UNECESSARY BURDEN

BASANGA KENNETH: Raising communication costs is unnecessary

The cost of communicating is expected to go up by another Sh0.30

In Summary

•This five per cent increase in communication costs marks the second time in its second term that the government is meddling with such costs.

•The Finance Act 2018, also increased Excise duty from 10 per cent to 15 per cent on telephone and Internet services.

Kenya holds a special place in the ‘Africa rising’ narrative concerning broadband and mobile connectivity, commensurate to the continent’s economic impact.

According to the Kenya National Bureau of Statistics, Kenya has seen its Information and Communications Technology sector grow by an average of 11 per cent annually since 2016.

This has made the sector a significant source of economic development and job creation with multiplier effects in almost every sector.

The government has been clear on its intentions to transform Kenya into a knowledge-based economy where every citizen, enterprise and organization has digital access and the capability to participate and thrive in a digitised economy, as documented by Kenya’s Digital Economy Blueprint.

Unfortunately, consolidated gains so far are at the risk of being lost owing to an unpredictable policy and regulatory regime.

The net effect is that of individuals and business entities suffering financially punitive impacts, in the guise of financial obligations – a case of the government giving with one hand and attempting to take away with the other.

The recent assent into law of the Finance Bill, 2021 has effected a five per cent increase in telephony and Internet services, from 15 per cent to 20 per cent.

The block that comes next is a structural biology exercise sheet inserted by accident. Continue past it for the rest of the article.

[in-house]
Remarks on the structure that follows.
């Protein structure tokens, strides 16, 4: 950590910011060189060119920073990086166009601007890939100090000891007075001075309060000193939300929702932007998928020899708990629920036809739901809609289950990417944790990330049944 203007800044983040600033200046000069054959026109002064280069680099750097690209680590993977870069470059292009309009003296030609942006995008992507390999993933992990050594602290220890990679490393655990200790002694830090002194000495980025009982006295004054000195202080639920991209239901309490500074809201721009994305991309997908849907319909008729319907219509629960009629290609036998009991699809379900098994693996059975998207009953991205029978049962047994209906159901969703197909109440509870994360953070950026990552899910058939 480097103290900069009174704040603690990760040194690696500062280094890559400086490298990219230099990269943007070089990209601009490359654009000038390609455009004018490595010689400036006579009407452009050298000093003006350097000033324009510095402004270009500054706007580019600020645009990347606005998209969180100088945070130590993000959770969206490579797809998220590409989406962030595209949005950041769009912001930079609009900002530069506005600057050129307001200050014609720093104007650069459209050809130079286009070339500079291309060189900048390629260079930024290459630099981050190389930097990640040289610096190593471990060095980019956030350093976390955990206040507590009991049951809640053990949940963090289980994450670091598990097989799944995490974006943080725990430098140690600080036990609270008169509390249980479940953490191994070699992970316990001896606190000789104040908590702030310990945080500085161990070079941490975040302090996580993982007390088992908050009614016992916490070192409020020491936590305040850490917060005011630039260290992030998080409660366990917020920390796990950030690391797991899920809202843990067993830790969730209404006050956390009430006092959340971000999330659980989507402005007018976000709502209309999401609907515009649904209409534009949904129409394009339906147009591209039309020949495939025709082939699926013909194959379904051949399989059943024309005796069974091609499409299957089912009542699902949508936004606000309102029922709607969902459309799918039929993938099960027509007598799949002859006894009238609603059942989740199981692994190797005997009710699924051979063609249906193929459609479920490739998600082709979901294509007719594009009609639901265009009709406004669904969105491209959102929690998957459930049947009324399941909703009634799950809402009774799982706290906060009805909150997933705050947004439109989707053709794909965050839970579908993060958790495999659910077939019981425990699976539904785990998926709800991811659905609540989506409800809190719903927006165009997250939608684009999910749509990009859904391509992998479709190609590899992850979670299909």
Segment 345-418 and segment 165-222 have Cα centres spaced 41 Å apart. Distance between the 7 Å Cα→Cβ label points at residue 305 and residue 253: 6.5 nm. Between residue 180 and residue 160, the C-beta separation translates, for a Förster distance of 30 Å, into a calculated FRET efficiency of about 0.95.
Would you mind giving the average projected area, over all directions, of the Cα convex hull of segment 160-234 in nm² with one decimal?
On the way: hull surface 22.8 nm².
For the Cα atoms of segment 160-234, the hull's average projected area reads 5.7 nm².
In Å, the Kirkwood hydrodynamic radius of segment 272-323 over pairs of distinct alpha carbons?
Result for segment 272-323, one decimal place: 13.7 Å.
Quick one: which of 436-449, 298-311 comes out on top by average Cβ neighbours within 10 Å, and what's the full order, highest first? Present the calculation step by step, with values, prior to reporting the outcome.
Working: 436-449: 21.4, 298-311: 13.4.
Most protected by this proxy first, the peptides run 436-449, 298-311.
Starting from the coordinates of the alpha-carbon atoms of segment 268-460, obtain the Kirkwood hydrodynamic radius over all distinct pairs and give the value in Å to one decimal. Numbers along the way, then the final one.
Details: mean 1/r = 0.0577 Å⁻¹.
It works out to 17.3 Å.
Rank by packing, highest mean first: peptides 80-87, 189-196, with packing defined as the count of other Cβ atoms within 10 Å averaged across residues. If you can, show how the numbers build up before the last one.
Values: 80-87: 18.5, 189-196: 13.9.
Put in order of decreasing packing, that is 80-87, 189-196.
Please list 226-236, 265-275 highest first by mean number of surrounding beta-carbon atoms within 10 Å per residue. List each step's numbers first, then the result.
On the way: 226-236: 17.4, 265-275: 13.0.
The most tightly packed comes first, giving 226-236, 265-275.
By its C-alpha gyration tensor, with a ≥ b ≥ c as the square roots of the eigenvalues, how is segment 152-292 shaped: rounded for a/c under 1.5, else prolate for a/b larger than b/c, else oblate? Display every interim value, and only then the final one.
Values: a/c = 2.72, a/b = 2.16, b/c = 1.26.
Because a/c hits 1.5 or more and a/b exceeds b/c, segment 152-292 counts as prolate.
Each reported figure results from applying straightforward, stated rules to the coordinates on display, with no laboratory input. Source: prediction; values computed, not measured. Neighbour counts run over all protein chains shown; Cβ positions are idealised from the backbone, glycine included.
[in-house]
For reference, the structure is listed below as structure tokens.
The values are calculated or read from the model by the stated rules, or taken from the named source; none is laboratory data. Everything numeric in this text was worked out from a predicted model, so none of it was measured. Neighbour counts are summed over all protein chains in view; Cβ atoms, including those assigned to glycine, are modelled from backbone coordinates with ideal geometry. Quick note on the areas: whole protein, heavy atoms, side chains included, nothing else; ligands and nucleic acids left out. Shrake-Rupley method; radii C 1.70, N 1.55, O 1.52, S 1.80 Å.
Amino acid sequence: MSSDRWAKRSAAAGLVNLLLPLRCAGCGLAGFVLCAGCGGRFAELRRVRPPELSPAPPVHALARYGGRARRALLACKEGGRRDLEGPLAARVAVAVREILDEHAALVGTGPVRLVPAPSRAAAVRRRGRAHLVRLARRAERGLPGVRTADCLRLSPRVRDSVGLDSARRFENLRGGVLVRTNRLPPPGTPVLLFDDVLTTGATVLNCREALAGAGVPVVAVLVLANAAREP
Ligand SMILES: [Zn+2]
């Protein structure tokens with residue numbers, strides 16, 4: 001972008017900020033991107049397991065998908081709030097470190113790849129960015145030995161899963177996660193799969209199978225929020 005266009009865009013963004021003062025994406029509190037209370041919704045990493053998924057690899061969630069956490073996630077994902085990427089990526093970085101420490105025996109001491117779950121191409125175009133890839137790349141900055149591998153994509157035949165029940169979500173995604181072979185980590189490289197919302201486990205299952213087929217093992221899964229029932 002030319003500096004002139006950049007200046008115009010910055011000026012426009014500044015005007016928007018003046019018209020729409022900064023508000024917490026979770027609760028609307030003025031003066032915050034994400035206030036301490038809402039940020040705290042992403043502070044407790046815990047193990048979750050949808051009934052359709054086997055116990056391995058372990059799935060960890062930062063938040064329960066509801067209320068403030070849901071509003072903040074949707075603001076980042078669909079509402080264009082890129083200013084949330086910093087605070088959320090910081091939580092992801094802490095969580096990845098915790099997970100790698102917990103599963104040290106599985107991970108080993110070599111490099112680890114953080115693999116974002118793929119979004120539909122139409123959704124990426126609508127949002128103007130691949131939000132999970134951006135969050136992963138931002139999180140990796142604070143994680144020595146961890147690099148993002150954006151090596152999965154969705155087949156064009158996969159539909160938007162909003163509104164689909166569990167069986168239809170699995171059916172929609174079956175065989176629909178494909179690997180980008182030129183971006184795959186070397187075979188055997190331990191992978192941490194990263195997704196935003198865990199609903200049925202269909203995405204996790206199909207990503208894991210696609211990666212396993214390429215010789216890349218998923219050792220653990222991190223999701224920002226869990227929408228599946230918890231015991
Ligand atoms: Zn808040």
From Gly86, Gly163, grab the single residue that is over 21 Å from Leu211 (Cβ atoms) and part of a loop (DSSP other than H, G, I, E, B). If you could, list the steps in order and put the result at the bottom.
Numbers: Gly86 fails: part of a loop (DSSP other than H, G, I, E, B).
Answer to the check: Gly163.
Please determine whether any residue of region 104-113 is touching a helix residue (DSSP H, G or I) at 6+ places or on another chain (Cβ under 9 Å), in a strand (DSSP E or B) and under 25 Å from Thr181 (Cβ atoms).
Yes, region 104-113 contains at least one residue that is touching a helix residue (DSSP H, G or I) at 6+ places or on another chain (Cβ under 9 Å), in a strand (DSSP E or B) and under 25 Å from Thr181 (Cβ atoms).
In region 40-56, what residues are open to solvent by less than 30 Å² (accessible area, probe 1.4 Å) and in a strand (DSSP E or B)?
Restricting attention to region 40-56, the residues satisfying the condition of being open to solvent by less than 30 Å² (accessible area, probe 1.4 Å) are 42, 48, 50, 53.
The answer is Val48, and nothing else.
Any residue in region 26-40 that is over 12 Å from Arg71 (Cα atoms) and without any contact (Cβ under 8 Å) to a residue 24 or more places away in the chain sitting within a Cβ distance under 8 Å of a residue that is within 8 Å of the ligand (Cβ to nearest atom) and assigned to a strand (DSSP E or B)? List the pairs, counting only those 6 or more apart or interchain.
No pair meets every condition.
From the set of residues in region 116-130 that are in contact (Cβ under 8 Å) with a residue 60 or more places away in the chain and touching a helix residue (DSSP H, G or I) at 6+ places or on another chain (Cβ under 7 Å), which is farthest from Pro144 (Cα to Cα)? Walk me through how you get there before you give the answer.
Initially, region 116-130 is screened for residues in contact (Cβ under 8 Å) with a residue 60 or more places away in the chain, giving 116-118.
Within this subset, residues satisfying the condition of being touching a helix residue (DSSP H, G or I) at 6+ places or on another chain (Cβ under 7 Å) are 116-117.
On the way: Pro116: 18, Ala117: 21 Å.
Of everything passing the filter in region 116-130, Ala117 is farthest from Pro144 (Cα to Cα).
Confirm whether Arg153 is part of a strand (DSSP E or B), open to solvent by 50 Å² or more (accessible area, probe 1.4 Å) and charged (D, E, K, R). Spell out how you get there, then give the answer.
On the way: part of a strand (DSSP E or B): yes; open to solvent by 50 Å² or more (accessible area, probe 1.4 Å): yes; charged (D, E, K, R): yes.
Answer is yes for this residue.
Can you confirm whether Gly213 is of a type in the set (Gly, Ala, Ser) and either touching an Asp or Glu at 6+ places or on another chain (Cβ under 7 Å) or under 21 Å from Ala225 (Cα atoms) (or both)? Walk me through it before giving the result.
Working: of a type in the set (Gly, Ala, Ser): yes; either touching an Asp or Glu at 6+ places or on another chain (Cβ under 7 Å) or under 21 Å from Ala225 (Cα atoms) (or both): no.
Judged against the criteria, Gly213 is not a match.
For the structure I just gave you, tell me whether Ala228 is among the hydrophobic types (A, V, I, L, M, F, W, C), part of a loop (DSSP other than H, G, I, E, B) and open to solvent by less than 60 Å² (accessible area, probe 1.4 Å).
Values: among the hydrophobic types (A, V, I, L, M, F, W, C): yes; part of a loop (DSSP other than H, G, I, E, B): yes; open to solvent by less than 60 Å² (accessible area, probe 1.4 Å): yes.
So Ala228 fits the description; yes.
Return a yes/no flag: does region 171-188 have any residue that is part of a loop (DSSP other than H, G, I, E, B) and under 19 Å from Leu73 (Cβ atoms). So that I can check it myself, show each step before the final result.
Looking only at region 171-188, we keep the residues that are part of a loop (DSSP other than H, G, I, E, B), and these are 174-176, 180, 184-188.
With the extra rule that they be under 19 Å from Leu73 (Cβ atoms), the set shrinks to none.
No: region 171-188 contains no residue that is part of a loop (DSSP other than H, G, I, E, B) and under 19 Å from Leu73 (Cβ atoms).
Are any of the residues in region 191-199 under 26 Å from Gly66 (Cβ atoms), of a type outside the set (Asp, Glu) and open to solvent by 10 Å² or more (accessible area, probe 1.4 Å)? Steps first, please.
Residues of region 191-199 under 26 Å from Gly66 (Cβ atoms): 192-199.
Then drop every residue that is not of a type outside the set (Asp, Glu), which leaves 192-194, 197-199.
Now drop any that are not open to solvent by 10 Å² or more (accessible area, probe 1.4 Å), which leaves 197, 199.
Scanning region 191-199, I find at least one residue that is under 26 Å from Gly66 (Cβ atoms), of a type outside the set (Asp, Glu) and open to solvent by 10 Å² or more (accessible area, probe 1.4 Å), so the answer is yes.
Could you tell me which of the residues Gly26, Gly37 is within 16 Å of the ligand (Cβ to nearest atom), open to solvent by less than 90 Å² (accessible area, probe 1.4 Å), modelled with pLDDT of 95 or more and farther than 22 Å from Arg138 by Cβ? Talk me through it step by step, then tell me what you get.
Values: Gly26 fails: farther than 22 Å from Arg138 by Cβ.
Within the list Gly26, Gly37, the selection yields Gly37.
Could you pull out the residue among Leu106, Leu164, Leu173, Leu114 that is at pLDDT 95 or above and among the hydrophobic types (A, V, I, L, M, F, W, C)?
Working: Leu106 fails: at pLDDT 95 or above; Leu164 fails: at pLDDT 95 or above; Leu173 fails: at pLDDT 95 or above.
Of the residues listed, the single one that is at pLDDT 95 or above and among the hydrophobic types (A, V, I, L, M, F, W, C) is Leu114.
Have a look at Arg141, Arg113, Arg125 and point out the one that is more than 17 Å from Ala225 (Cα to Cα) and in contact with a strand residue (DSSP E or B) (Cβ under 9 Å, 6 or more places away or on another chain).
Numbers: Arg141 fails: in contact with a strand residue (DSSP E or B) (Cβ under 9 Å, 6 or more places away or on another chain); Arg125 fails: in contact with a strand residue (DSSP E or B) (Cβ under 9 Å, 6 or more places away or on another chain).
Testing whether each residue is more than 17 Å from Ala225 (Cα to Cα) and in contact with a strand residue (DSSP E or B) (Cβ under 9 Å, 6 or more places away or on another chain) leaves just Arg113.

The cost of communicating is expected to go up by another Sh0.30 which is an unnecessary burden on the ordinary Kenyan who is already over-burdened with many other cost increases, all as a result of the government.

This five per cent increase in communication costs marks the second time in its second term that the government is meddling with such costs.

The Finance Act 2018, also increased Excise duty from 10 per cent to 15 per cent on telephone and Internet services.

Now, telco networks have been compelled to pass these costs onto the consumer.

I take note of a telco like Telkom Kenya, which many of us subscribe to in my home area that is trying to make access to communication services much easier by the introduction of products such as the Madaraka Life to enhance access to calling and mobile internet.

Unfortunately, efforts of telcos such as these are being curbed by such tax reviews.

More costs to the customer will make day-to-day communication a luxury in an economy that is only getting tougher. The opportunity costs, of missing out, are explicit.

For a country that is viewed as reformist, and seeing massive Covid-19 accelerated digital transformation, there is a need to tame the avaricious need to milk every opportunity that offers Kenyans an opportunity to thrive. 

Serikali, please do something. 

 

Edited by Kiilu Damaris